A great read.
Half memoirs, half linguistics, this book is the personal story of Daniel Everett, who lived amongst the Parahã amazon natives. His original mission was to convert them to Jesus, and his work was sponsored by some or another missionary group, but in the end, they converted him to atheism.
About 1/3 of the book is fairly involved linguistics, although dumbed down enough for a layman. The Pirahã language is unique in that it does not exhibit recursion; there are no relative clauses, articles, or things like ‘Jane or I’. It kind of flips off all of the existing linguistics stuff, because Chomsky’s universal grammar says that recursion has to exist in every language. It’s cool stuff if you are a nerd about this, and I am.
The book is good otherwise. It’s got a lot of good anecdotes about living in the Amazon, which rather made me want to visit.
The only disappointing part of the book is the author’s story of flailing faith. The peculiar nature of Pirahã culture, and its language, are somewhat incompatible with the idea of Christianity–the language requires verbs be appended with a suffix which denotes how one obtained information (direct witness, heard from an eyewitness, or hearsay). This feature exists in other languages, but unlike other languages, there is no way in Pirahã to correctly say what a man 2000 years ago did–no eyewitnesses exist. The chicken-egg question between culture and language is not something I’ll go into here, but it’s a cool way to look at things. Anyway, this portion is brief, probably because it is painful–I imagine the guy had no stateside friends left after becoming an atheist, what having spent his life working for missionary organizations. But as an atheist myself, I kind of wanted more here.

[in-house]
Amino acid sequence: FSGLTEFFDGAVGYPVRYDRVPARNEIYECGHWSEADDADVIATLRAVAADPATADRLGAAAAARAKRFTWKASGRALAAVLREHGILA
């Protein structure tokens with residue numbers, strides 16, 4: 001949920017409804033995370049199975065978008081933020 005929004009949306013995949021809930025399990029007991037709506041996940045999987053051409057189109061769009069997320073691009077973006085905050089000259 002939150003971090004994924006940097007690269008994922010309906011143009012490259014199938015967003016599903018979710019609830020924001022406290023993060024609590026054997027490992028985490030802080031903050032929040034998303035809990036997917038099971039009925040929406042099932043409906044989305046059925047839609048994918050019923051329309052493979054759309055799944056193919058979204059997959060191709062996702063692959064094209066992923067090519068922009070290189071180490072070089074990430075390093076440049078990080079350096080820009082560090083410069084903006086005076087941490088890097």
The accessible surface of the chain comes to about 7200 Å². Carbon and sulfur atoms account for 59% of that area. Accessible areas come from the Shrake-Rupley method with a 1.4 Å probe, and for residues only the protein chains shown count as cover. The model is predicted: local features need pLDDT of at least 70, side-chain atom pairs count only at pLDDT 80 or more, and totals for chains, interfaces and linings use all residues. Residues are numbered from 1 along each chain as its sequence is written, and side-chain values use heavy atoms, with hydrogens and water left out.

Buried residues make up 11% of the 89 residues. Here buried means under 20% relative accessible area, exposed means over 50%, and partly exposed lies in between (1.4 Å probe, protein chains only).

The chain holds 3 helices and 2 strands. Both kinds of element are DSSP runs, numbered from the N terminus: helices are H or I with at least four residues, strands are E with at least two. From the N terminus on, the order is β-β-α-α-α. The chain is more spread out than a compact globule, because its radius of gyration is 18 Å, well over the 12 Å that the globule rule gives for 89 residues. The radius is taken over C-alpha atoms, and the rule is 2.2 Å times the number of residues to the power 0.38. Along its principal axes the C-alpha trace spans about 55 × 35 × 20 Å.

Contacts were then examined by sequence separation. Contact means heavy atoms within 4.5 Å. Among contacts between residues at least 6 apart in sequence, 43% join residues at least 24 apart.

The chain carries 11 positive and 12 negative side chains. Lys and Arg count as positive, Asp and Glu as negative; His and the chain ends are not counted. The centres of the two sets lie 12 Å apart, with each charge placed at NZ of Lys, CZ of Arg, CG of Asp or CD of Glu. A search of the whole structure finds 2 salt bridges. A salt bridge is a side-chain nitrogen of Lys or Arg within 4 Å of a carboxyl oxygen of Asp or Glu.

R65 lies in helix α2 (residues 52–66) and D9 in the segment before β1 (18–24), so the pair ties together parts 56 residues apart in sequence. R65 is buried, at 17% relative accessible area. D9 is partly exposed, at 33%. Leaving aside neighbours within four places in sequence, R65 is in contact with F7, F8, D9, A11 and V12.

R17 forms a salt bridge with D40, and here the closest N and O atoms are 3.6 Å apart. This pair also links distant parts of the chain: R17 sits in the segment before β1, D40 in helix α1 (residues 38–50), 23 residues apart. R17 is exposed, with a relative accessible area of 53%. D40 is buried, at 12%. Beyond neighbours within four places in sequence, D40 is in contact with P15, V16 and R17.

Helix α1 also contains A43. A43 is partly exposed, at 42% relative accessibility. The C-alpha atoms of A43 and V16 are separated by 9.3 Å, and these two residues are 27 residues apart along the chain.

But its a tiny quibble–and a good book.